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I Why is the KE operator negative in QM?

  1. Mar 29, 2016 #1
    In the Hamilonian for an H2+, the kinetic energy of the electron (KE of nucleus ignored due to born-oppenheimer approximation) has a negative sign in front of it.

    I understand the signs for the potential energy operators but not for the KE apart from the strictly mathematical point of view. Can someone explain this please?
     
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  3. Mar 29, 2016 #2

    blue_leaf77

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    Do you mean the minus sign in ##p = -\frac{\hbar^2}{2m} \frac{d}{dx}##? It is a general momentum operator, it looks like this for all quantum systems, not only restricted to H2+. Speaking of the minus sign, ##p## is an operator, it's not a number, it's not yet a measured physical quantity. Therefore, whether it contains negative signs or imaginary number does not make it peculiar.
     
  4. Mar 29, 2016 #3
    Oh right. Then I assume there is no other explanation except for the mathematical derivation, as it's not technically got a physical meaning until the operator has been "operated" on a function, is that right?

    Thanks so much
     
  5. Mar 29, 2016 #4

    blue_leaf77

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    Yes, an operator becomes physical if it's measured. Only then, a question of whether negative signs or complex number are allowed make sense.
     
  6. Mar 29, 2016 #5
    Great. Thank you!
     
  7. Apr 9, 2016 #6
    I too was wondering about this. The equation T = -(ħ/2m)∇^2 seems to imply that the energy of a system decreases with ∇^2, which is counter intuitive. As the second spatial derivative is increased, the spatial frequency of a wavefunction should increase.
     
    Last edited: Apr 9, 2016
  8. Apr 9, 2016 #7

    blue_leaf77

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    What is that?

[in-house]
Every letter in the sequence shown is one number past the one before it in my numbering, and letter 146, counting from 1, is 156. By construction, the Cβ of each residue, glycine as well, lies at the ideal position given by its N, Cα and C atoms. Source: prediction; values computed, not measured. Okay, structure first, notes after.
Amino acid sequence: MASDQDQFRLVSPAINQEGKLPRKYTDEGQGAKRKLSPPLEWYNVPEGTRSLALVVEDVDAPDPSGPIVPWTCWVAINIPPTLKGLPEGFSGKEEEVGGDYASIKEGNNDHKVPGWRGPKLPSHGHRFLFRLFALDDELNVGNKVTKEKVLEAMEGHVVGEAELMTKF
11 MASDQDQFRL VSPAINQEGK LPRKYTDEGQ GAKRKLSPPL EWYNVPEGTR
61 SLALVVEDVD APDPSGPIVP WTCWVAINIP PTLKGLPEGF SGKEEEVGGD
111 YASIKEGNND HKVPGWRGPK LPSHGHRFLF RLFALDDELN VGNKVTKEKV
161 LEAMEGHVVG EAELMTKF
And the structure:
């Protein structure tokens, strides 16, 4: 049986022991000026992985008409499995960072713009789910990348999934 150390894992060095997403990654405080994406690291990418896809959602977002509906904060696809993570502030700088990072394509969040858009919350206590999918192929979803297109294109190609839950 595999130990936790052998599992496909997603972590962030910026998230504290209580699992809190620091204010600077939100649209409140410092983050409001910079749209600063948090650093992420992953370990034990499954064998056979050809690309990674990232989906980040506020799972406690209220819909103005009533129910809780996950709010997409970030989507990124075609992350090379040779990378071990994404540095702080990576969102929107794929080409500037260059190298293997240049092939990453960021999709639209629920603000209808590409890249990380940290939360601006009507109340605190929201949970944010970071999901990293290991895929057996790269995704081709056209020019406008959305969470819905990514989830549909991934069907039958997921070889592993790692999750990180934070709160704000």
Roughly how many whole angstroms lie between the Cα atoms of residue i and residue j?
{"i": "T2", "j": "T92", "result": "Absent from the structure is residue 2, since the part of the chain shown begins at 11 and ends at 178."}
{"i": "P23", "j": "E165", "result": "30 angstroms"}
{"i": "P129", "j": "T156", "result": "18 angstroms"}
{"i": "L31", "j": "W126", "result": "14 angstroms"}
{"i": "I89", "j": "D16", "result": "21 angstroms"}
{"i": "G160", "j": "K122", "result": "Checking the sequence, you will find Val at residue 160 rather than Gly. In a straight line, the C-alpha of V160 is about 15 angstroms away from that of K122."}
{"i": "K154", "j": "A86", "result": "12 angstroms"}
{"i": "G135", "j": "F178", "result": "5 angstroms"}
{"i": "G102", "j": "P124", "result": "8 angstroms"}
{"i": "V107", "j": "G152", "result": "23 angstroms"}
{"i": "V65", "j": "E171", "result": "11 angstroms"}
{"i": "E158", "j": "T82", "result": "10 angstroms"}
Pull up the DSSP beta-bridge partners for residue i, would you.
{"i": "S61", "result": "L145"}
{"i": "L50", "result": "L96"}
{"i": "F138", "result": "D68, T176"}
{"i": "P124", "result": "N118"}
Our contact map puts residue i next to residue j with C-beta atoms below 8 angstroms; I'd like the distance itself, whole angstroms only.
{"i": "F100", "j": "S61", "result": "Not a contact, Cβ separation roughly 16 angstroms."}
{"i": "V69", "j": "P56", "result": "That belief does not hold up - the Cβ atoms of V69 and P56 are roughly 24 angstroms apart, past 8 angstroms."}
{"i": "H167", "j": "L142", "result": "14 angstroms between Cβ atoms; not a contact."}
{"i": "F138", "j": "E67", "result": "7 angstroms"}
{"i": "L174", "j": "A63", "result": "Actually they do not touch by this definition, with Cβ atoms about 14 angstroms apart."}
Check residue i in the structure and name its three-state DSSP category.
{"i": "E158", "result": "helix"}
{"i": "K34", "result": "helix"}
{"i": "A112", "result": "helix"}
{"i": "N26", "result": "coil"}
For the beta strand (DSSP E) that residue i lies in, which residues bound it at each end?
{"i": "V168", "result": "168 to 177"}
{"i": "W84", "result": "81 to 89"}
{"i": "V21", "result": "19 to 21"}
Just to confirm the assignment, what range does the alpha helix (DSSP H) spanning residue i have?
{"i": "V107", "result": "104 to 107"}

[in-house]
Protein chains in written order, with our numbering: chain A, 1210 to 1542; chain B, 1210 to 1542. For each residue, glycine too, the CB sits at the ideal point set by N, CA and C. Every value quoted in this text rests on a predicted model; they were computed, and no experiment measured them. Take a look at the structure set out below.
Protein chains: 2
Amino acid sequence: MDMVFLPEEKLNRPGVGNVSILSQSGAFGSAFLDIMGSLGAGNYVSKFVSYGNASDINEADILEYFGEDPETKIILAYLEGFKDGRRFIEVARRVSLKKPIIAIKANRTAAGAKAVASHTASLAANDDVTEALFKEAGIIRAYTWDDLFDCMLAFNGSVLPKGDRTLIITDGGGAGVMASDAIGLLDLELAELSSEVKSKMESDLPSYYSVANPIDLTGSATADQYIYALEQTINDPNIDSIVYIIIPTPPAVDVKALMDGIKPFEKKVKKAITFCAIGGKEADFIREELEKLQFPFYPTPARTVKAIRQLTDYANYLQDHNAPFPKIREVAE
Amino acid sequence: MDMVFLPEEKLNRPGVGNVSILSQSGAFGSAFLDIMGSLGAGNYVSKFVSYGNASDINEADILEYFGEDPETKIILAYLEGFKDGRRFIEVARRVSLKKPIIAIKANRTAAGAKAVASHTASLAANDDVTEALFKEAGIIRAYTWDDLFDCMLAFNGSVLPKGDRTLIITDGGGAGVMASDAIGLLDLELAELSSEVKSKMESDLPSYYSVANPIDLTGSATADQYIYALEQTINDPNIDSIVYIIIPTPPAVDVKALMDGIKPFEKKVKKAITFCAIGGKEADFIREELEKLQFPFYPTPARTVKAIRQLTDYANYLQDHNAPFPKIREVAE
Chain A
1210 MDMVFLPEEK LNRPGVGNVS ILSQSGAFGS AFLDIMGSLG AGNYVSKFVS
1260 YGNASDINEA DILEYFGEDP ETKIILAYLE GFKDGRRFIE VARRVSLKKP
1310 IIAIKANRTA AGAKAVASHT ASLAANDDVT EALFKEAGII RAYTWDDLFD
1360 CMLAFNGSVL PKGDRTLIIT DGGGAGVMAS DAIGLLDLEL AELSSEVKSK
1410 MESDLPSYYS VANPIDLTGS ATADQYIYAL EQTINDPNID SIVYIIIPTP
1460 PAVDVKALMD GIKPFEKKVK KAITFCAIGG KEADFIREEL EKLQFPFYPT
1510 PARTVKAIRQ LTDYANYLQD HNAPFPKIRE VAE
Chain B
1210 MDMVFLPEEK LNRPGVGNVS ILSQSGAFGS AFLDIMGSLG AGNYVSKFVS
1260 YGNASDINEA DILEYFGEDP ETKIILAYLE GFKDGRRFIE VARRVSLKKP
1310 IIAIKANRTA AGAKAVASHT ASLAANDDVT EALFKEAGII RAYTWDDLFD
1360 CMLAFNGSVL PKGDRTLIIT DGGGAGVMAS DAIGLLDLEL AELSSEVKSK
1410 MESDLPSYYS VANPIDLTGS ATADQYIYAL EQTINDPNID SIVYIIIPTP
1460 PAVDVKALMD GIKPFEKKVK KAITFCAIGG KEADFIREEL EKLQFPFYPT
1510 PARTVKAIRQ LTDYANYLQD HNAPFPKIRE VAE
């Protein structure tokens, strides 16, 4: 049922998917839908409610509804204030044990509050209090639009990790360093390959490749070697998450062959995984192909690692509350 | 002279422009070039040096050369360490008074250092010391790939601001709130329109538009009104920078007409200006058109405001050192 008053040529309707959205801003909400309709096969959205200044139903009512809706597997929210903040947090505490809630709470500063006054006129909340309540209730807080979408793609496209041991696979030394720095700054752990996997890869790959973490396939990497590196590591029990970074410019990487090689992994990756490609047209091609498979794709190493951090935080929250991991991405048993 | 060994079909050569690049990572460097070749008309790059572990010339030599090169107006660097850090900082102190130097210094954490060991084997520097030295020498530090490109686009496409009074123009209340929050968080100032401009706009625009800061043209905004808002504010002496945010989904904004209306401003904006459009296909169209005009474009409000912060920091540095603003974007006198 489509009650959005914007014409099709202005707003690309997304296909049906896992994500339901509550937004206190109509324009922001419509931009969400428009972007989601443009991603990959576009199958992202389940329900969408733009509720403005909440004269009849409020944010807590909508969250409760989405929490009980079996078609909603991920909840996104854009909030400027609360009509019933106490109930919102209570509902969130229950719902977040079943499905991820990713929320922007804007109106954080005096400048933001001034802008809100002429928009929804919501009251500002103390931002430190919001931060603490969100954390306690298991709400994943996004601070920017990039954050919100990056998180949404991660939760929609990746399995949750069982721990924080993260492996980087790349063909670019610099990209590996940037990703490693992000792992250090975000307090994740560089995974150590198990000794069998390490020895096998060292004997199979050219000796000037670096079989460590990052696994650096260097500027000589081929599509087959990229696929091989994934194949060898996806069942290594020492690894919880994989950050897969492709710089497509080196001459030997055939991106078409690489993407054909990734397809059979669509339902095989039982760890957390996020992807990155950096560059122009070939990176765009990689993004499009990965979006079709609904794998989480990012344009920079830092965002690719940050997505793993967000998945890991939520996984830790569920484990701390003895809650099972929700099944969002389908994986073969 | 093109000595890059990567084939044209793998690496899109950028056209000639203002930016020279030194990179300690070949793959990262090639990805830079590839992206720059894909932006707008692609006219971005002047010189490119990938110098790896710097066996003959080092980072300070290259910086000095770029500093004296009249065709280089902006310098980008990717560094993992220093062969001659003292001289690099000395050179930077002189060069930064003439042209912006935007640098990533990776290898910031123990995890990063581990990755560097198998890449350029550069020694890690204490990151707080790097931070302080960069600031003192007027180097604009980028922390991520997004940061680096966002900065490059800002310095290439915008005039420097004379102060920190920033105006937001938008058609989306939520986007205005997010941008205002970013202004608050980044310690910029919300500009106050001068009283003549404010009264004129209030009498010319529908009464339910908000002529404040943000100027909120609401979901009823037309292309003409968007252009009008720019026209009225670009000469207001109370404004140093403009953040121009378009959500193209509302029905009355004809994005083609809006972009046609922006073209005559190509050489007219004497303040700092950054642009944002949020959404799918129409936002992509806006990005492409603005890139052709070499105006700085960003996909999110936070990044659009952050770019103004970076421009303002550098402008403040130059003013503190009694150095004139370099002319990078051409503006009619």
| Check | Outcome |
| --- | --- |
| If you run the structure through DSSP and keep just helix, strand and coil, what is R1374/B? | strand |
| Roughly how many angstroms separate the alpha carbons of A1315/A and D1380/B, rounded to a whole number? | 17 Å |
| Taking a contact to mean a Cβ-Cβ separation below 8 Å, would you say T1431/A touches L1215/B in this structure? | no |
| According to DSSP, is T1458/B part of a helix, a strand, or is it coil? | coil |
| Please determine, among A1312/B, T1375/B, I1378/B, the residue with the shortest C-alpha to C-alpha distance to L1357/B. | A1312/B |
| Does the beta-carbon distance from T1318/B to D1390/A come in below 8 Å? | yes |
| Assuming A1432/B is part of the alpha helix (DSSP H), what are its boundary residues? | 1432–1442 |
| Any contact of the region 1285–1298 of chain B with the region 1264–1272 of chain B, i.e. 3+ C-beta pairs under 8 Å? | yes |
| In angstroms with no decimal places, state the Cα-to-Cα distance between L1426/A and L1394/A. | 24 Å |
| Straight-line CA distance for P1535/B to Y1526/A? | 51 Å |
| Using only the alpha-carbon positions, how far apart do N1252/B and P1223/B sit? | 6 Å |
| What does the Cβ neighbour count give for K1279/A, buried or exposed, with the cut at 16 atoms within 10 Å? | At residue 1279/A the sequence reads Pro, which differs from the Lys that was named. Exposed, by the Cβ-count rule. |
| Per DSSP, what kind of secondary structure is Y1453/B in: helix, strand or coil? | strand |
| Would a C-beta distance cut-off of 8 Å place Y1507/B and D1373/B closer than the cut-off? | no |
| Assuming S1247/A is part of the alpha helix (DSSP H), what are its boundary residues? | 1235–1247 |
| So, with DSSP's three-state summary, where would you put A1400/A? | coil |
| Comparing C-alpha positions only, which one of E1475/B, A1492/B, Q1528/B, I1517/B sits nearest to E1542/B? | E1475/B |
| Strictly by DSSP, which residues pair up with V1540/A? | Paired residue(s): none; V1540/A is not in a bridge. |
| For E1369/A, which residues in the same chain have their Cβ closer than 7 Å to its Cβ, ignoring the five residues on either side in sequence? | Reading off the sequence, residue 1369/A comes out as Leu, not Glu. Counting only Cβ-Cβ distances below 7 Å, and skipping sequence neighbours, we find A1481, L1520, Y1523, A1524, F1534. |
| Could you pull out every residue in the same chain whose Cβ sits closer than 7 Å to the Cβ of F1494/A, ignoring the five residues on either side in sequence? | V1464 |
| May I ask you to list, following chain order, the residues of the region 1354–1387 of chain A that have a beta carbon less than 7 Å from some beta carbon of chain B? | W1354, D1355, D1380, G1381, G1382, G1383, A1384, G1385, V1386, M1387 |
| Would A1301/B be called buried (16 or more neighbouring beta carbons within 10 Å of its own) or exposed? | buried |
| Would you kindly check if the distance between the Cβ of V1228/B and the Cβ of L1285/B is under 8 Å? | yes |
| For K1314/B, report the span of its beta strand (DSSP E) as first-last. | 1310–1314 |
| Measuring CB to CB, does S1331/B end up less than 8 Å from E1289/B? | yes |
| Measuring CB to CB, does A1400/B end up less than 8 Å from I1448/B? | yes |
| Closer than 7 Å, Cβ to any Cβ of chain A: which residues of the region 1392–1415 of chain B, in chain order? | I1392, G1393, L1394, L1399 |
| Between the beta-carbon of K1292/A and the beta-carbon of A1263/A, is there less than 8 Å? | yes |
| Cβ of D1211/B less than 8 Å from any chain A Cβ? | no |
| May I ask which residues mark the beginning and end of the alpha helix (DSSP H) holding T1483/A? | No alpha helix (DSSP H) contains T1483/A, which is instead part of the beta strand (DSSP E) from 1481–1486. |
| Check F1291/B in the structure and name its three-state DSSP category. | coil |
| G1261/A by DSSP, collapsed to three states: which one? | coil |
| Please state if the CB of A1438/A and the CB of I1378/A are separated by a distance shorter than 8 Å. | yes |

Applying the kinetic energy operator on a wavefunction does not give a value of kinetic energy, be it the measured one or the average one. Instead, it will just give you another wavefunction. If you want to calculate the quantum mechanical kinetic energy for a given wavefunction, you should calculate the expectation value ##\langle \psi |P^2/(2m)| \psi \rangle##. This will in general give you the "simulated" value of the average kinetic energy had the measurement is repeated infinite of times.
     
  9. Apr 9, 2016 #8
    Thanks for your quick reply! First, I edited my original post to say that the negative sign seems to imply that energy decreases with ∇2. So if you act the kinetic energy operator on an eigenfunction, wouldn't the eigenvalue be equal to the kinetic energy? If so, wouldn't this mean that energy decreases with ∇2?. Also, why is there no negative sign next to P2/(2m) in the expected value formula?

    By spatial frequency I mean the number of cycles undergone by the wavefunction per unit distance. I believe this should increase with the second spatial derivative, e.g. sin(2x) vs. sin(x).
     
  10. Apr 9, 2016 #9

    blue_leaf77

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    The minus sign appear when you subtitute ##\mathbf{P}=-i\hbar \nabla##.
    Mathematically, saying that something is decreasing or increasing with an operator, in this case the nabla, does not bear any well-defined meaning. You have to make it act on something before saying about a particular behavior of the resulting function. Moreover, for a wavefunction which goes to zero as it approaches infinity and is square-integrable, the expectation value of kinetic energy is always real and positive,
    $$
    \langle \psi |P^2/(2m)| \psi \rangle = -\frac{\hbar^2}{2m} \int \psi^*(x) \frac{d^2}{dx^2} \psi(x) dx \\
    = -\frac{\hbar^2}{2m} \left( \psi^*(x)\frac{d}{dx} \psi(x)\Big|_{-\infty}^\infty - \int \frac{d}{dx} \psi(x) \frac{d}{dx} \psi^*(x) dx \right) \\
    = \frac{\hbar^2}{2m} \int \Big|\frac{d}{dx} \psi(x)\Big|^2 dx \geq 0
    $$
     
  11. Apr 9, 2016 #10
    thanks so much! I think I get it now: the expected value of kinetic energy is never negative, and the negative sign in the KE operator is there because (-i)*(-i) = -1.
     
  12. Apr 9, 2016 #11

    blue_leaf77

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    Yes exactly.
     
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